A Pathway To Kindness, In 12 Difficult Steps | KUOW News and Information

A Pathway To Kindness, In 12 Difficult Steps

Jan 17, 2016
Originally published on January 17, 2016 11:02 am

For lots of people, New Year's resolutions don't last. Two New York designers wanted to change that — and they wanted to change themselves at the same time.

So, Timothy Goodman and Jessica Walsh, best known for the viral blog and book 40 Days of Dating, created a yearlong social experiment to see if following 12 steps could make them more kind and empathetic people — and they're releasing details about each step on their website.

"We created the steps based on what we read and learned that psychologists say can make you more empathetic," Walsh told NPR's Rachel Martin. "And then after we had the steps set up, we asked ourselves what we wanted to explore for each of those."

Their first step was called "Can I Help You?" The pair took the opportunity to ask every New Yorker they saw how they could help in some way.

"We talked to so many people that day," Goodman recalls. "From people who were losing their apartments in New York, to people that just wanted to talk about broken family ties. Relationship issues. Homeless people. I mean, we talked to so many people, it was pretty amazing."

"The idea was really just to start out the project by taking a survey of what other people around us might be going through on any one day," says Walsh.

In other experiments, the two tried their hands at being telemarketers or canvassing. They left wallets all over the city with money and notes asking people to use it to do something nice. They hung missing person signs and sat next to them. They noticed how people reacted.

But for other steps, they focused on their personal lives.

Walsh says the fourth step, "Don't Beat Yourself Up," about "learning not to beat yourself up about things from the past," was the most challenging for her.

"Psychologists say you need to forgive yourself for things you are angry with, otherwise you can transfer that on to other people," Walsh says.

"So I've always had this secret that I've carried with me that I haven't really told anyone, which is that when I was much younger I went through a lot of mental health issues," she continues. "So on the step, I end up opening up about all of those, and I'm creating a platform where other people are going to be sharing their stories, as well."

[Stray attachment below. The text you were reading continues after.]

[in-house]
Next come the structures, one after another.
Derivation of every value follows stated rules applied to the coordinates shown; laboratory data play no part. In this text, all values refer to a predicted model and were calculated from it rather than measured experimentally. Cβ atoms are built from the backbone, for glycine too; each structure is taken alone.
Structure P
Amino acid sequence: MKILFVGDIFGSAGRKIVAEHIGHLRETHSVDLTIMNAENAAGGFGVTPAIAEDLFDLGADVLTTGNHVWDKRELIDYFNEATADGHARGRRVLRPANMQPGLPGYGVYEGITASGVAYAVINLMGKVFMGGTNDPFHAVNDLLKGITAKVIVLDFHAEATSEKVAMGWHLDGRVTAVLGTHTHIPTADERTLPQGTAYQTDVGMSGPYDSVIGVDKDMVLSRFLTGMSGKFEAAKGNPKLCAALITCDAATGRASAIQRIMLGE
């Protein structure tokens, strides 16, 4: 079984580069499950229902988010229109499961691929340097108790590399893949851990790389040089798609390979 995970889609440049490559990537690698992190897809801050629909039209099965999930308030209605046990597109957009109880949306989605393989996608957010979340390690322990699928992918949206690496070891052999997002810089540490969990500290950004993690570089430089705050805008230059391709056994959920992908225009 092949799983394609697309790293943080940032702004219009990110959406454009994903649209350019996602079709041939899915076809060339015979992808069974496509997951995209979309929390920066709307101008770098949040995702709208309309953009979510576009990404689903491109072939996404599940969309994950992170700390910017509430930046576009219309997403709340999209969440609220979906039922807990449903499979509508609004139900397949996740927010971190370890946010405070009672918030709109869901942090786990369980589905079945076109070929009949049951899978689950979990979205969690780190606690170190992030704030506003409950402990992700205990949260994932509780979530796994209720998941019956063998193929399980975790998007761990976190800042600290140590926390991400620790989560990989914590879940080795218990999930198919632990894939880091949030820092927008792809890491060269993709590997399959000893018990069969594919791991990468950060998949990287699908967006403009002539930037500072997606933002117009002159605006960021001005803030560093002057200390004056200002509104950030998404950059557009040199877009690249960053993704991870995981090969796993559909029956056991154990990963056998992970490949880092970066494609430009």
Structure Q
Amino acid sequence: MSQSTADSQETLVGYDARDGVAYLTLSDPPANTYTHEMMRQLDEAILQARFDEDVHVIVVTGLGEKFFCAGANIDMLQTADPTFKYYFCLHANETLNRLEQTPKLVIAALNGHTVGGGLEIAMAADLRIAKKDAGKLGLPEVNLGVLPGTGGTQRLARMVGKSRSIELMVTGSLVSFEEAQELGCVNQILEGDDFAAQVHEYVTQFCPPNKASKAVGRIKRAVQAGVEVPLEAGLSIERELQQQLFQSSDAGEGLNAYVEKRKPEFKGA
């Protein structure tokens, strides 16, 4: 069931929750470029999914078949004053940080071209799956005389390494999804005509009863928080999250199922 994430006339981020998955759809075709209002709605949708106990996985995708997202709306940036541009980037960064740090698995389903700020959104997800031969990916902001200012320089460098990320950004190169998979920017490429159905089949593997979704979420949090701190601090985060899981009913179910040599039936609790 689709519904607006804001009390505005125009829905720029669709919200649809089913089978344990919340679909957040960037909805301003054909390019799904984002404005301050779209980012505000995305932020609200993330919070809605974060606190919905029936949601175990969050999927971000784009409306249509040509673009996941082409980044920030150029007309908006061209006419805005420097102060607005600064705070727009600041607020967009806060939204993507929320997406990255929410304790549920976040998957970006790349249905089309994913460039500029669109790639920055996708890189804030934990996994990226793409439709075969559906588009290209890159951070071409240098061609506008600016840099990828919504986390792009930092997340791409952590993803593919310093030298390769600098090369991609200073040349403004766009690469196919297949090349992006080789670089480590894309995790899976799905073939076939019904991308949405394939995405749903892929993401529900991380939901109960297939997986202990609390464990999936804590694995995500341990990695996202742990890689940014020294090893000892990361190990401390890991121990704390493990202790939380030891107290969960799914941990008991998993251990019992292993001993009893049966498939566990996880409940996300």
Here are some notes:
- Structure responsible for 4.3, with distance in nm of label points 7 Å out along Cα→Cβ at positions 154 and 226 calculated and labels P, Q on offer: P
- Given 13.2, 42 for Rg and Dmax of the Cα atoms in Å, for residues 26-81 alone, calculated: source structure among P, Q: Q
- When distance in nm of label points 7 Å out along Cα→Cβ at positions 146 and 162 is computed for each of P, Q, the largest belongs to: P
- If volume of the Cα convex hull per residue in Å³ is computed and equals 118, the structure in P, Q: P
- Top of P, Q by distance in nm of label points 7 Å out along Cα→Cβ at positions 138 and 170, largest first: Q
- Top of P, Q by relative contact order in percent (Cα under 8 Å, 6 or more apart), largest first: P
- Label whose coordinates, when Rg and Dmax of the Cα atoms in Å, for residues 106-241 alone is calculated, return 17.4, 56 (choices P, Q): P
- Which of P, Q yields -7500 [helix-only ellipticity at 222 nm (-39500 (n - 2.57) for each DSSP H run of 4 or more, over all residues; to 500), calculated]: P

For Goodman, the most difficult step came next.

"I went out and tried to find my biological father who I've never met in my entire life. That's for step five — and that was about forgiving someone who may have hurt you in the past, and coming face-to-face with that and trying to maybe better understand their situation," he says.

They made some physical changes, too. Goodman approached step six, about facing fears and insecurities, by shaving his head.

"One of my insecurities is going bald, because my hair is slowly thinning in the front. And so we shaved my head down to the scalp, and I had to live with that experience," he says. "It was very hard; I was not happy."

But he says the experience helped him be more empathetic by "being happy with who you are, whoever you are."

And sometimes things got a little weird. They tried just smiling at people on the street for one full day. People didn't smile back.

"I think it came off creepy. Maybe that's why people didn't smile at us," Goodman laughs.

"Then we thought, 'OK, what happens if we start frowning at people?' And then everyone was cracking up," says Walsh.

The experiment helped them to take a step back, to think about their place in the world.

"That's one of the biggest things, when it came to those kind of steps that we did, the less personal stuff, was just witnessing yourself in relationship to society," Goodman says. "Every day, you know, there's a heartbeat, and feeling yourself a part of that is truly amazing at times."

"We just get caught up in our daily routines and doing the same kind of things," says Walsh. "And this experiment really allowed us to do things we would have never done before."

Copyright 2016 NPR. To see more, visit http://www.npr.org/.

Transcript

RACHEL MARTIN, HOST:

We're more than halfway through January, which means many of us may have realized how easy it is to just sort of forgot about our New Year's resolutions. We're going to hear now from two people who stuck with it, designers Timothy Goodman and Jessica Walsh.

They're the creators of the blog and book "40 Days Of Dating."

For that experiment that went viral, they dated each other for 40 days and blogged about it.

Last year, they embarked on a year-long resolution to become, quote, "kinder, more empathetic people." The project is called "12 Kinds Of Kindness," and they're releasing each step they took on and the results of that on their website. They're releasing it a step at a time. They join me from our studios in New York to talk about what they discovered. Welcome to the show.

TIMOTHY GOODMAN: Hi.

JESSICA WALSH: Hi.

MARTIN: Thanks for talking with us.

GOODMAN: Yeah, it's good to be here.

MARTIN: So you both committed to implement these 12 steps as a kind of year-long resolution to become more empathetic people. You want to work through a few of these with me? What was number one?

WALSH: The first one is called "Can I Help You?", and we literally just went out on the streets of New York and just started asking people how we could help them.

MARTIN: How did you decide who to ask that question to? New York is a big place.

GOODMAN: Everyone.

WALSH: Everyone.